April is Active Dog Month
The month of April is Active Dog Month. This month-long…
We all know people can get the flu, but did you know dogs can catch the flu too? It’s known as canine influenza. And not only does it make our dogs feel terrible as it does us but can be dangerous to their health just as it can to ours.
Understanding the ‘dog flu’ and recognizing the signs can help you take care of your sick pup and know when it’s necessary to call your veterinarian.
Symptoms of the Dog Flu
The following are common symptoms when your dog has the flu:
Is the Dog Flu Contagious?
Yes, the dog flu is highly contagious. Your dog can catch the ‘dog flu’ simply by another dog sneezing nearby. The dog flu, like our flu, can also survive on various objects so he can also catch it by playing with a toy or chewing on an object another dog has played with.
The flu can also spread from human to dog. If you have the flu, there is a possibility your dog will soon have the flu as well.
Understand the Risk
Some dogs who have the flu may not even show it. A dog’s instincts tell them not to show any signs of illness, so they’ll do their best to hide it. And, luckily, most dogs who catch the flu survive it. But there are times when the flu can become serious.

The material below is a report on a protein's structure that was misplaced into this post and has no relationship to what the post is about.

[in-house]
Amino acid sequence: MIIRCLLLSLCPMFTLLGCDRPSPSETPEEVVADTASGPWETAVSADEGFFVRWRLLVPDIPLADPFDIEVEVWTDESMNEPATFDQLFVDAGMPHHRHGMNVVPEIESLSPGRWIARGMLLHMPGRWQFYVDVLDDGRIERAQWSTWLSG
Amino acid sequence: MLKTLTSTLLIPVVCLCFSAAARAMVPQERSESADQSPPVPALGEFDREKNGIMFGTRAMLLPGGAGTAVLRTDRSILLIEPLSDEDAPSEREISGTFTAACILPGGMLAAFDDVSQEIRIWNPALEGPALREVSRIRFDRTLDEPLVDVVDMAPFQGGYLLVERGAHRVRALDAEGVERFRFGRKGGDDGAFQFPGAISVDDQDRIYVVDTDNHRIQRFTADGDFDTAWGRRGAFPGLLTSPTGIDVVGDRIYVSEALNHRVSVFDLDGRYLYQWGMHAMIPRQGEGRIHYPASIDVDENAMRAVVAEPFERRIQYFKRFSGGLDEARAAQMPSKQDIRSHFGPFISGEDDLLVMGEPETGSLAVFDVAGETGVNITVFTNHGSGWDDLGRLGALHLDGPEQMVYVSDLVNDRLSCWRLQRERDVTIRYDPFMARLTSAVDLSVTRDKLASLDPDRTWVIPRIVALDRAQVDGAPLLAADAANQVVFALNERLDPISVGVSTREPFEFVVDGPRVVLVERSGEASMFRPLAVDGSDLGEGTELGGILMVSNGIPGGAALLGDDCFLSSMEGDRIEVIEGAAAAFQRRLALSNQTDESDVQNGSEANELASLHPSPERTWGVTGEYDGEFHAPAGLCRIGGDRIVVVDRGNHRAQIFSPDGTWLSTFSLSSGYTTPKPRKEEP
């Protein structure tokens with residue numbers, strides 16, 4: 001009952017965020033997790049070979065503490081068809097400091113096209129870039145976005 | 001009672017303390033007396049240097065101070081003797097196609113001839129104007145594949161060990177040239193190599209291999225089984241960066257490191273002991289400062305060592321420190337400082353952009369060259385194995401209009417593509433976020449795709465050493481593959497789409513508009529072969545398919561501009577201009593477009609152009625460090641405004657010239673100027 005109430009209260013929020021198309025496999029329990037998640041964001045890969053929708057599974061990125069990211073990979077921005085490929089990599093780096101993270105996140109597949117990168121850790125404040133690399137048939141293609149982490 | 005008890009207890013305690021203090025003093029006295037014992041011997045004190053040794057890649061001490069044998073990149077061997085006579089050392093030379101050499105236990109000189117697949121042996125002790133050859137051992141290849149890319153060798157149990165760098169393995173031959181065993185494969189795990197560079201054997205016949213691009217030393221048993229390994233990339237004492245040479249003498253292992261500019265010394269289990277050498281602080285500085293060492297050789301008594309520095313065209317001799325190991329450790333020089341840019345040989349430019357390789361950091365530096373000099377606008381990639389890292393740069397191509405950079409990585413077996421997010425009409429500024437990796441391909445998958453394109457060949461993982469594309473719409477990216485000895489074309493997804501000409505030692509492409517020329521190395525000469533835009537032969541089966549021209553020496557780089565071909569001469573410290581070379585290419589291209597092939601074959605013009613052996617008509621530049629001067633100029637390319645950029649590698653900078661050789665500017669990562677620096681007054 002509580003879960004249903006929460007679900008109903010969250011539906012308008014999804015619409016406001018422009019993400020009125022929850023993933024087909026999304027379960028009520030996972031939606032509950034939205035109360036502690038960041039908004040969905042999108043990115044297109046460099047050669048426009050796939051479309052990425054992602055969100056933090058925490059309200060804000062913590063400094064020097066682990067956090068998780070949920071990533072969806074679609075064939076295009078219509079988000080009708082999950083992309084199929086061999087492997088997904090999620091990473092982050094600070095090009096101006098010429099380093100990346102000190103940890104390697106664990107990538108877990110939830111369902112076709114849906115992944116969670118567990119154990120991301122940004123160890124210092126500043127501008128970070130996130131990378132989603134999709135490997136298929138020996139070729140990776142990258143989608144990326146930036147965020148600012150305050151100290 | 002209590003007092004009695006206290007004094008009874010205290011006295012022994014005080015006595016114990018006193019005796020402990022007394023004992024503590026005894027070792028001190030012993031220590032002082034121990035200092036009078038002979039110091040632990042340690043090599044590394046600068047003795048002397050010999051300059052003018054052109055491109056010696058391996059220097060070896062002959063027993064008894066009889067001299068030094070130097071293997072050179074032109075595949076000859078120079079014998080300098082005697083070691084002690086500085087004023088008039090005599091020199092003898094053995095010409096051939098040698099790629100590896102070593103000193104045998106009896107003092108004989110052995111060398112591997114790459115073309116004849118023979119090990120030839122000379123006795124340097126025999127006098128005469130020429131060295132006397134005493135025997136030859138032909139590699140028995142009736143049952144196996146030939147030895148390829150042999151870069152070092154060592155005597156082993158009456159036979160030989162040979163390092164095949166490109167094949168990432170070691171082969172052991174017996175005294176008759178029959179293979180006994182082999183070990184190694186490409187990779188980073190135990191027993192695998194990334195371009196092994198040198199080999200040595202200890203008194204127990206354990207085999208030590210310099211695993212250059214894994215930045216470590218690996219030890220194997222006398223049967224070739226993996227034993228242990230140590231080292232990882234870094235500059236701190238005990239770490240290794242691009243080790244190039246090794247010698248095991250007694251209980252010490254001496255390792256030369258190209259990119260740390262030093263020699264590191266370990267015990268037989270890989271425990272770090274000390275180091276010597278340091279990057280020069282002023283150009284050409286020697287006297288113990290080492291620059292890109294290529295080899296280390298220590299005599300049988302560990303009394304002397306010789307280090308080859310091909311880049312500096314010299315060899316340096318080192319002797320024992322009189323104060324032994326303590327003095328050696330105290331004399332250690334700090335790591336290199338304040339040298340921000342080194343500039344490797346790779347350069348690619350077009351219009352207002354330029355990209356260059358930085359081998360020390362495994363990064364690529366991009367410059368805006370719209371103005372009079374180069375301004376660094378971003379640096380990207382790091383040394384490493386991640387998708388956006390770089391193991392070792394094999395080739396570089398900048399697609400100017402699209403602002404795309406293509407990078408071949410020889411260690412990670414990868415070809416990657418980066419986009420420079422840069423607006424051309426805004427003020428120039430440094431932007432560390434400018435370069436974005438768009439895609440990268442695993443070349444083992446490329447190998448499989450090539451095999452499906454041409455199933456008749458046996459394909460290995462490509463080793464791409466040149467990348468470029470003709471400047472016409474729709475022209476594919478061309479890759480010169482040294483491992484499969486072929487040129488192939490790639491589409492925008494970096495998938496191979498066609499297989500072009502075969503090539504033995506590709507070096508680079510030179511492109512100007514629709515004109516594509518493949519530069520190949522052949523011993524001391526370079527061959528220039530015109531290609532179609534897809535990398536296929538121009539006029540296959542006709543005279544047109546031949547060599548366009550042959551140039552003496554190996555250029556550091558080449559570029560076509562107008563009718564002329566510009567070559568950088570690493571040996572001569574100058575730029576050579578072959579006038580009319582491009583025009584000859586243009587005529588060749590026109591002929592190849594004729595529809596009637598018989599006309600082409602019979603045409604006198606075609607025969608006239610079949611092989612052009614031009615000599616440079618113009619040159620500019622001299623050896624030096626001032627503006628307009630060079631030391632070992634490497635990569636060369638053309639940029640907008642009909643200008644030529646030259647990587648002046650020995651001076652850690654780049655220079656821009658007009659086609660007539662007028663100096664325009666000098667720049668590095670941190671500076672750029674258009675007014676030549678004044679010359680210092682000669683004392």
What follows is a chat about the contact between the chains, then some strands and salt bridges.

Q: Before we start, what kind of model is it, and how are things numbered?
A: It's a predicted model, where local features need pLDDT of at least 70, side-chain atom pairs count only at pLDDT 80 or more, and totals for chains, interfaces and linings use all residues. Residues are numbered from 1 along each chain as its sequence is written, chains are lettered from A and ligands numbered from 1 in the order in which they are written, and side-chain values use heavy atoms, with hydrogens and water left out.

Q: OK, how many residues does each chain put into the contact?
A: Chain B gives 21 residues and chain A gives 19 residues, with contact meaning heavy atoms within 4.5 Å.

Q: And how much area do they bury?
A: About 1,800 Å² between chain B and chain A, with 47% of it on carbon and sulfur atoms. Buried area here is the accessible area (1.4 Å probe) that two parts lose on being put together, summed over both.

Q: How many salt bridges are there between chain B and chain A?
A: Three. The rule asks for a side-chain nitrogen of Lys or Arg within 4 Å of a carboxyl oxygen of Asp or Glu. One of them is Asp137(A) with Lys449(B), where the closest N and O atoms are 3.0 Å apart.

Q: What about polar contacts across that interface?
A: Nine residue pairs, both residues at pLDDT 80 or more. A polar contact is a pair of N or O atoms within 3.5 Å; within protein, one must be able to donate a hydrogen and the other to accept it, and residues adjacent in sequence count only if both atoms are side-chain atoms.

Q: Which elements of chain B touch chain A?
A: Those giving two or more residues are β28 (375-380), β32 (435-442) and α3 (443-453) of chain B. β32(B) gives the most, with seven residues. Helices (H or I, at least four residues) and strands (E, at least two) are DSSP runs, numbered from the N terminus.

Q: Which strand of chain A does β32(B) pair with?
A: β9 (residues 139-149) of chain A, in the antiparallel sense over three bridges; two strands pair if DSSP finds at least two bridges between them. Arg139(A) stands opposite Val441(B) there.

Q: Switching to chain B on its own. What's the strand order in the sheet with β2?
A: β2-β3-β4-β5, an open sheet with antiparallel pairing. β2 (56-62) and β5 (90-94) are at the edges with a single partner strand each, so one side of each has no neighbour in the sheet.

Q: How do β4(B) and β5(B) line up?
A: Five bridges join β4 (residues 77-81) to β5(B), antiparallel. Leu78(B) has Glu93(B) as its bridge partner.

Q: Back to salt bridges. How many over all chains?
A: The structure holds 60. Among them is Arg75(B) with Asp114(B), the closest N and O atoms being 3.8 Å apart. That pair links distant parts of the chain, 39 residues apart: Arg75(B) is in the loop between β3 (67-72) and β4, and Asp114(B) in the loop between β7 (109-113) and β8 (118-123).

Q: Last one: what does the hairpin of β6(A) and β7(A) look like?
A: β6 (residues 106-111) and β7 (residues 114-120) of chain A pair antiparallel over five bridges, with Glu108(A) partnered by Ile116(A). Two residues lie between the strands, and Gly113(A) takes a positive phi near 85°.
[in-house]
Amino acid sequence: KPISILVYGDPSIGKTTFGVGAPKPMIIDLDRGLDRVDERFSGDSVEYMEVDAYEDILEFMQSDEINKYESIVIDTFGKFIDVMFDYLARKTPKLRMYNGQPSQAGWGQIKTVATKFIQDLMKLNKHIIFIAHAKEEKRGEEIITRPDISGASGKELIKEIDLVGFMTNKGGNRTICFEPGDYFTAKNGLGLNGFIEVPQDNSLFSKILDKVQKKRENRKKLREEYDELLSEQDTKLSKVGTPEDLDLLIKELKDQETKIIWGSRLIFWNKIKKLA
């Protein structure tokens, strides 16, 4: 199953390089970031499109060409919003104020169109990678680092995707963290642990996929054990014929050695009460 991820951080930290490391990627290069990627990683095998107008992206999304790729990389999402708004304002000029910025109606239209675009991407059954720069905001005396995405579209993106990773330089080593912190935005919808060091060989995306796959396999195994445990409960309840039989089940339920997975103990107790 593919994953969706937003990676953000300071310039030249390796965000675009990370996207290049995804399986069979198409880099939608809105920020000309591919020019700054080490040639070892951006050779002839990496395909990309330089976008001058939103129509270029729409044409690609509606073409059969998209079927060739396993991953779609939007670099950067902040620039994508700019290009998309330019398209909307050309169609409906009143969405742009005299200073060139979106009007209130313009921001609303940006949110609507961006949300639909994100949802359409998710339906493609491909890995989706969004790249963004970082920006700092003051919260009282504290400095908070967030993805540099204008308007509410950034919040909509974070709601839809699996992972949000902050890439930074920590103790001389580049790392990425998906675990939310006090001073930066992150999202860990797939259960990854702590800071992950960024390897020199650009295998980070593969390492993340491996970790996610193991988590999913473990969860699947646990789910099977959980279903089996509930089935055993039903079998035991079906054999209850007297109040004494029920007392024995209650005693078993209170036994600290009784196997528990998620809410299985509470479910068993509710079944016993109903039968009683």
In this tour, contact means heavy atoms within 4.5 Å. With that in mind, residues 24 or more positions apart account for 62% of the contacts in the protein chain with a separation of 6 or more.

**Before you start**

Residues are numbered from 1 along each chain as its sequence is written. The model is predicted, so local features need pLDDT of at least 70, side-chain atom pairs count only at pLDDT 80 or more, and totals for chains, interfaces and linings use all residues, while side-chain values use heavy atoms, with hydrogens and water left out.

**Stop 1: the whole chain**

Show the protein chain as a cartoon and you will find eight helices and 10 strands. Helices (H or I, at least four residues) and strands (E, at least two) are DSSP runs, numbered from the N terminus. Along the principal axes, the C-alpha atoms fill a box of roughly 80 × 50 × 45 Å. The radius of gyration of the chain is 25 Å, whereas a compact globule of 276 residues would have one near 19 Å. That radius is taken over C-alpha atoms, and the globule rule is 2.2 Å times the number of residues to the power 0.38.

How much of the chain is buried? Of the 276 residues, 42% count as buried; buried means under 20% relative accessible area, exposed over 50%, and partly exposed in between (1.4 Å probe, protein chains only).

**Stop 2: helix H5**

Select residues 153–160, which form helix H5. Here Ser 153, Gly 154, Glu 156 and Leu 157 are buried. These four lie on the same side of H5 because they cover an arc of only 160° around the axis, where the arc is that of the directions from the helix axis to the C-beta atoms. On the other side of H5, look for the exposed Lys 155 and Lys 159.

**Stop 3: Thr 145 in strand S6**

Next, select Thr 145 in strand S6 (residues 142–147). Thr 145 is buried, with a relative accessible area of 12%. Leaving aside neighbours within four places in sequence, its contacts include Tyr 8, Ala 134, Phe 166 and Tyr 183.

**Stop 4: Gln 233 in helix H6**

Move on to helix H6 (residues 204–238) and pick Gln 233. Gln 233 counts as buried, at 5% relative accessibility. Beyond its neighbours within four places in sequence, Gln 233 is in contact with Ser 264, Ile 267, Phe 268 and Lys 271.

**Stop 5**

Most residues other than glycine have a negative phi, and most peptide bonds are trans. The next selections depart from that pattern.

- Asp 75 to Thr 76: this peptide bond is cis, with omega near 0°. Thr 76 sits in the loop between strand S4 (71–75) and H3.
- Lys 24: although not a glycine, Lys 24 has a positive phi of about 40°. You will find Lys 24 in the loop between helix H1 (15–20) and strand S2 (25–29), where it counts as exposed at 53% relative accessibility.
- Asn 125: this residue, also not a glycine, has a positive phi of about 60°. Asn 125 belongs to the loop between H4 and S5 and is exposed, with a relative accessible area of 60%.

In some cases, canine influenza can turn into pneumonia. Puppies and senior dogs have the highest risk of developing pneumonia when they contract the flu.
Dogs who are brachycephalic (short-snouted) can also be at a higher risk as their short snout already makes it more difficult to breathe compared to other breeds.
What’s the Treatment for Dog Flu?
Just like us, you must ensure your dog drinks plenty of fluids and gets the rest she needs. Make sure she has a cozy, comfortable, and quiet place to rest and get well.
If you suspect your dog has the flu, your veterinarian may also prescribe antibiotics to prevent or assist with a bacterial infection along with her flu.
If your dog shows any signs of the flu, make sure you don’t visit with other dogs to prevent spreading it to all of her ‘doggy friends.’
Generally, most dogs get better within 2-3 weeks. If you have a puppy or a senior dog, it’s highly recommended you take your dog to the veterinarian the moment symptoms are noticed so treatment may be given if necessary.
If your dog is not drinking how she should be, this is also a critical time to contact your veterinarian. Your dog can quickly become dehydrated resulting in her condition worsening quickly.
Nothing in this article should be construed as financial, legal or veterinary advice. Please consult your own advisors for questions relating to your and your pet’s specific circumstances.
Guest Blogger: Amber Drake